Associate Degrees in Fitness Training

Most people have a difficult time getting off the couch and exercising unless someone else is there to motivate them. For others, they may have the ambition to exercise but don't really understand the most efficient ways to get in shape. Fitness trainers not only help people to get motivated, they provide the right guidance to make sure people exercise and diet correctly for the greatest overall affect on health. And in today's health-conscious society, the field of fitness training is booming. If you'd like to become a fitness trainer, an associate degree in fitness training is designed to teach you all the major aspects of health and fitness so that you can properly train and advise clients on proper exercise and nutrition.

Associate Degree in Fitness Training Success Factors

Earning an associate degree in fitness training requires that you possess solid academic ability, particularly in the sciences, have strong interpersonal skills, an ability to work one-on-one with others, have an avid interest in sports and physical activity, and a desire to help people overcome injuries and physical disabilities.

Associate Degree in Fitness Training Duties

You will master many duties when earning an associate degree in fitness training, including how to help people lose weight, strengthen joints and muscles, improve cardiovascular conditioning, restore limb functions after an injury, surgery, or illness, improve mobility, relieve pain, and work to prevent physical disabilities from occurring in patients with physical challenges.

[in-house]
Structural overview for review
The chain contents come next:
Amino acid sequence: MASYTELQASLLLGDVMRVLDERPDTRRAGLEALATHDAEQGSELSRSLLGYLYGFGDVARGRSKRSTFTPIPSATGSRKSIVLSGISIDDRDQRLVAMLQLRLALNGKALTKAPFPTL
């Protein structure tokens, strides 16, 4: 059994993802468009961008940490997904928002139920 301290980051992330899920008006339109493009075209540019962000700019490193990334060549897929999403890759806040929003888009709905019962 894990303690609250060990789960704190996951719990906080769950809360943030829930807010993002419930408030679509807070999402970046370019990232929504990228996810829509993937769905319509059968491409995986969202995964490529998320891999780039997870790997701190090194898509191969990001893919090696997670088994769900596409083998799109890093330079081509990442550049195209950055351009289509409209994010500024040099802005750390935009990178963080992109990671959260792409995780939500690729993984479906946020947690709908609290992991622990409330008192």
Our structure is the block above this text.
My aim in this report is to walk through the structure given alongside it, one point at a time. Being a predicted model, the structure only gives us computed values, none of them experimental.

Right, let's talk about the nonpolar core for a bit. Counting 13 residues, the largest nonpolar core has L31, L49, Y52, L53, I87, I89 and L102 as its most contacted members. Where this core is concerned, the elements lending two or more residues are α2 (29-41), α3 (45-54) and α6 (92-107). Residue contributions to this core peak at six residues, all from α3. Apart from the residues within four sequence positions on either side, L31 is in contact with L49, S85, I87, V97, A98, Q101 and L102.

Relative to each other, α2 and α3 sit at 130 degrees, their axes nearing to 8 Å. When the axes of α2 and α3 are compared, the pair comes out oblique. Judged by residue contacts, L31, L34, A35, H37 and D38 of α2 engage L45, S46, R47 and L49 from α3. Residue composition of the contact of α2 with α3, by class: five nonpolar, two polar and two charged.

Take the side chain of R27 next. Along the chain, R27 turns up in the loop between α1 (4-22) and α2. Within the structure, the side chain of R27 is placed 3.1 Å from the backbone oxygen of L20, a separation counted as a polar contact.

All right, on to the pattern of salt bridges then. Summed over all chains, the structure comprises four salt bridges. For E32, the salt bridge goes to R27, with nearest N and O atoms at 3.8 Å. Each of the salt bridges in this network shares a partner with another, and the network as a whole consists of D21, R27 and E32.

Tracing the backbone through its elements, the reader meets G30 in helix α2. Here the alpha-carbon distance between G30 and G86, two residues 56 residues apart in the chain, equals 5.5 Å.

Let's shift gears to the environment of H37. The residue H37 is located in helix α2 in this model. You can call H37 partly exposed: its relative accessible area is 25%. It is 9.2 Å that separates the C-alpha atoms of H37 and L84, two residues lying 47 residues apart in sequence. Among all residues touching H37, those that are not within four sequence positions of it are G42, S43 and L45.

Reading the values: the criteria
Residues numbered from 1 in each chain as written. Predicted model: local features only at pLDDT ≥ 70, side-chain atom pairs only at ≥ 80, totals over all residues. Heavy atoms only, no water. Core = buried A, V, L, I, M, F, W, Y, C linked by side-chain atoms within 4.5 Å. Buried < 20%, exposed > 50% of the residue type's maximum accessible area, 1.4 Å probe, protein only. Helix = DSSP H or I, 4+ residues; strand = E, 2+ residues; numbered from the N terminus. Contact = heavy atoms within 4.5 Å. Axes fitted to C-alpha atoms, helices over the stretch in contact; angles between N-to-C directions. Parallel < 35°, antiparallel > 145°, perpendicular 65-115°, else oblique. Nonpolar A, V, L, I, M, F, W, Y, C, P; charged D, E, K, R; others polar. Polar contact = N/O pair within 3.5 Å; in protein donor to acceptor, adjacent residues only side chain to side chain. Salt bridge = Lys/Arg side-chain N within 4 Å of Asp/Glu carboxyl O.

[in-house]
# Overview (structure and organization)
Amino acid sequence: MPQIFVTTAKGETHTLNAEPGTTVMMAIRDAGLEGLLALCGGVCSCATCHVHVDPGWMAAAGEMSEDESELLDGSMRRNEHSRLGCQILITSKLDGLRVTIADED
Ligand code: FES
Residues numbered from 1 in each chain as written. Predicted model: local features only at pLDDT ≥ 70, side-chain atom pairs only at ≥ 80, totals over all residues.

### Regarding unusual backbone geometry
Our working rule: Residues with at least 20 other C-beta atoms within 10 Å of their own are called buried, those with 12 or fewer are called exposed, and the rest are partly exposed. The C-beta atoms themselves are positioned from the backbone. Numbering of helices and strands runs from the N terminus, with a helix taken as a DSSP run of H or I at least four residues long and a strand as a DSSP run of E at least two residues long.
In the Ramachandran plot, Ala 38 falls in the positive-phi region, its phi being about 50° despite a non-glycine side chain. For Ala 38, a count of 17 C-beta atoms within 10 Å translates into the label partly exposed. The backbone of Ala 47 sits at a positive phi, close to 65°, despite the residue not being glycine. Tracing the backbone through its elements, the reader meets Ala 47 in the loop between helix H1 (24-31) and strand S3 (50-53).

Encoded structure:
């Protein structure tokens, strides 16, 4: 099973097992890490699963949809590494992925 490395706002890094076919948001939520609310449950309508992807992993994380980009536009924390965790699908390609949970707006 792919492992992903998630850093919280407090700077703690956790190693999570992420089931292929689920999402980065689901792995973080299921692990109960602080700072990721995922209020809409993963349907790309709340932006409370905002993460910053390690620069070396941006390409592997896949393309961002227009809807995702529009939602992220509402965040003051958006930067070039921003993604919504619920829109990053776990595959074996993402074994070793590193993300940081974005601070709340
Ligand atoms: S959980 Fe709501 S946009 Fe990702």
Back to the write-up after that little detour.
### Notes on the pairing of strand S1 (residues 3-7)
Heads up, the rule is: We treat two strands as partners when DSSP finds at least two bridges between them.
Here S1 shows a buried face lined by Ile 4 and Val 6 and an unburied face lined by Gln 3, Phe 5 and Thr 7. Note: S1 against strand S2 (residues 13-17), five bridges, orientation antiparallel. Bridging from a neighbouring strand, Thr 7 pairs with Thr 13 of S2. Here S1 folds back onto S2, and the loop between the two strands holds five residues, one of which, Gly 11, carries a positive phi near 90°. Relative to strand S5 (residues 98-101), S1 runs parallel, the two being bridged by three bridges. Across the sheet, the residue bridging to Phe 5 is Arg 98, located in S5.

Associate Degree in Fitness Training Curriculum

The courses you take when earning an associate degree in fitness training include chemistry, biochemistry, biology, microbiology, anatomy and physiology, biomechanics, massage therapy, sports psychology, nutrition, and institution management.

Fitness Trainer Jobs

Even after you've earned an associate degree in fitness training, almost all states require you to be licensed and pass a licensing exam. Continuing education classes from fitness training schools are required to retain your athletic trainer license. The Department of Labor estimates that the demand for fitness trainers will grow at about double the rate for other professions over the next decade. Fitness trainers often work at alternative medicine facilities, rehabilitation centers, fitness clubs, and orthopedic centers. Typical jobs for fitness trainers include fitness director, clinical dietician, community dietician, management dietician, consultant dietician, personal trainer, and group exercise instructor.